It seems every 3-4 months that someone in the U.S. military gets in trouble for saying too much, or too little, in relation to the wars in Iraq and Afghanistan, sometimes about policy and sometimes about, essentially, the use and communication of data in conduct of the war. Of course it’s data communications that’s my topic today. And it’s PowerPoint that comes up repeatedly, praised or under fire, reflecting the office software’s ubiquity and adaptability in communicating data-derived insights.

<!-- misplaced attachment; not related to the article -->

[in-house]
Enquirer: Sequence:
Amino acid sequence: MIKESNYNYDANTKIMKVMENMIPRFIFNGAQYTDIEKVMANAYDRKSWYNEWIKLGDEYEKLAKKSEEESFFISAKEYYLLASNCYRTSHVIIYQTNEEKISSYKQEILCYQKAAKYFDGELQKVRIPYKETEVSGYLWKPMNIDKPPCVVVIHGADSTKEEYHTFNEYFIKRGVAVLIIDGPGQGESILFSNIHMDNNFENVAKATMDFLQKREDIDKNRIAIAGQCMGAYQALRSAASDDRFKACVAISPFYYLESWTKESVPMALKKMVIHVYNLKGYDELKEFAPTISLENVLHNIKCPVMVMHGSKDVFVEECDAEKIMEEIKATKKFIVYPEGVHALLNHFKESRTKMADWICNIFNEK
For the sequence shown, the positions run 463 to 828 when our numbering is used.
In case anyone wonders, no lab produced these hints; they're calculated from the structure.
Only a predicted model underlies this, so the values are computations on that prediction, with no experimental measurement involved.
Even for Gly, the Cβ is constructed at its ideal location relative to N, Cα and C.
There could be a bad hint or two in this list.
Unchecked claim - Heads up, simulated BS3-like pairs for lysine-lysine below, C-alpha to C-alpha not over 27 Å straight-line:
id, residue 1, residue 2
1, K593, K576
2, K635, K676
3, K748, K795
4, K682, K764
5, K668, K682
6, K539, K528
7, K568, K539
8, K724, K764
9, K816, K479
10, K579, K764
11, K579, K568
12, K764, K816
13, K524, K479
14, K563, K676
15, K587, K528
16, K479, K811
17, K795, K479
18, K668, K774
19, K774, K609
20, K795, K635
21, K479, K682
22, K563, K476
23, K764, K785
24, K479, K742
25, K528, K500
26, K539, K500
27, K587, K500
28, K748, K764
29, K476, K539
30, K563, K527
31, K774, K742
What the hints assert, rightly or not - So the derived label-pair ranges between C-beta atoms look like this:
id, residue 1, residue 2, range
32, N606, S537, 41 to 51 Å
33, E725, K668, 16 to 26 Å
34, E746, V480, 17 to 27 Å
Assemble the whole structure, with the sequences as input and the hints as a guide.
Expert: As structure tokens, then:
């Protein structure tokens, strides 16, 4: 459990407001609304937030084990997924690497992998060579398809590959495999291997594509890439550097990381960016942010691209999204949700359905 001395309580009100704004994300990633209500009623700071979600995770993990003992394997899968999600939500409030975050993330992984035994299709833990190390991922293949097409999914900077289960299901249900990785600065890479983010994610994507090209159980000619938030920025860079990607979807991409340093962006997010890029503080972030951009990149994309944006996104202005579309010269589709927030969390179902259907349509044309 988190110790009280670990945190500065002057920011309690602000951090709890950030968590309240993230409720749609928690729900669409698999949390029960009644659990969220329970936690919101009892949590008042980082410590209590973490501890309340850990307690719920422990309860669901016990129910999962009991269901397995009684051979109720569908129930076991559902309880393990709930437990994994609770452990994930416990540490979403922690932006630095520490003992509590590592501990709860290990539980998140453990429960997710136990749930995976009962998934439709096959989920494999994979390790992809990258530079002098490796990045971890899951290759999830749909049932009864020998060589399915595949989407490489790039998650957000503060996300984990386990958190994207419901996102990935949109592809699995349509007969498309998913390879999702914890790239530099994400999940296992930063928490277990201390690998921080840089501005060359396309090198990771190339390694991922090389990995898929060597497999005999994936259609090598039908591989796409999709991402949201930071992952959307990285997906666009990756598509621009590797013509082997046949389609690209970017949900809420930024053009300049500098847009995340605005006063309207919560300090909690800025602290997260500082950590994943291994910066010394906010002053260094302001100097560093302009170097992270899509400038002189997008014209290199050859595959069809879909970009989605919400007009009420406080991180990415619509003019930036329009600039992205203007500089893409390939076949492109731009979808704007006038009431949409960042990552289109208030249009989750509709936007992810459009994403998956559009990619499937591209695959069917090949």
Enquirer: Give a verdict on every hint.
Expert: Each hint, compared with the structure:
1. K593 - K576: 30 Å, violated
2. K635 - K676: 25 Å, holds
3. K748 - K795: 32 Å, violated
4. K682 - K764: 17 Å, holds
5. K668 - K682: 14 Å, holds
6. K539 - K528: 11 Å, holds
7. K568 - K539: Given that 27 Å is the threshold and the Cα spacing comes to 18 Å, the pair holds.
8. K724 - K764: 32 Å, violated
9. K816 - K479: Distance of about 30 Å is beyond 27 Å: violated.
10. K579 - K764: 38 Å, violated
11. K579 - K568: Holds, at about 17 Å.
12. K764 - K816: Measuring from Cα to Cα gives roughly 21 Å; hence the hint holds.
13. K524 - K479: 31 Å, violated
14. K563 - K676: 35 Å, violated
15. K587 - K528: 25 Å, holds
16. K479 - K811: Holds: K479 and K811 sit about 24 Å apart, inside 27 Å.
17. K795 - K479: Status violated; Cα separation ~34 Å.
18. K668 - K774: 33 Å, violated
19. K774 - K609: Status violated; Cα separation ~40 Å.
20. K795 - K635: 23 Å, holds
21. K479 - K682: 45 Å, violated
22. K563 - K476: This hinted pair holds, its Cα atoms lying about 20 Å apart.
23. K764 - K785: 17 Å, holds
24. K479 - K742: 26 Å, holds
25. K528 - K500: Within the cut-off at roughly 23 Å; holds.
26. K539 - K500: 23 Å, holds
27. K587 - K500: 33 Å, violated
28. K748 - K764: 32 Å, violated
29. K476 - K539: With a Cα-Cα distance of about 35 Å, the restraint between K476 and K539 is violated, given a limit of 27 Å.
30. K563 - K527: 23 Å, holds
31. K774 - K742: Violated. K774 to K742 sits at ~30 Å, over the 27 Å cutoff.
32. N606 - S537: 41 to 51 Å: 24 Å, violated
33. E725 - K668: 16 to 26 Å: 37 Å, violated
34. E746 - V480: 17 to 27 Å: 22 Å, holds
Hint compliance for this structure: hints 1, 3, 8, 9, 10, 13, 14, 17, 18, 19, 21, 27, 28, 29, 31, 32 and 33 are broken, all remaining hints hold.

My blog article today was prompted by War consists largely of endless tinkering with PowerPoint slides, which appeared August 27 in Government Computer News. Writer Kevin McCaney reports, “An Army Reserve colonel serving at the International Security Assistance Force Joint Command in Afghanistan was fired after writing a harsh criticism of the military’s use of PowerPoint slides in what he says is an unproductive, top-heavy environment.” McCaney points us to now-former the U.S. Army Reserve Colonel Lawrence Sellin’s Outside View: PowerPoints ‘R’ Us and to the Wired article Colonel Kicked Out of Afghanistan for Anti-PowerPoint Rant. PowerPoint reinforces a “battle rhythm” according to Sellin, where “progress in the war is optional.” “Volume is considered the equivalent of quality” and “structure always trumps function.”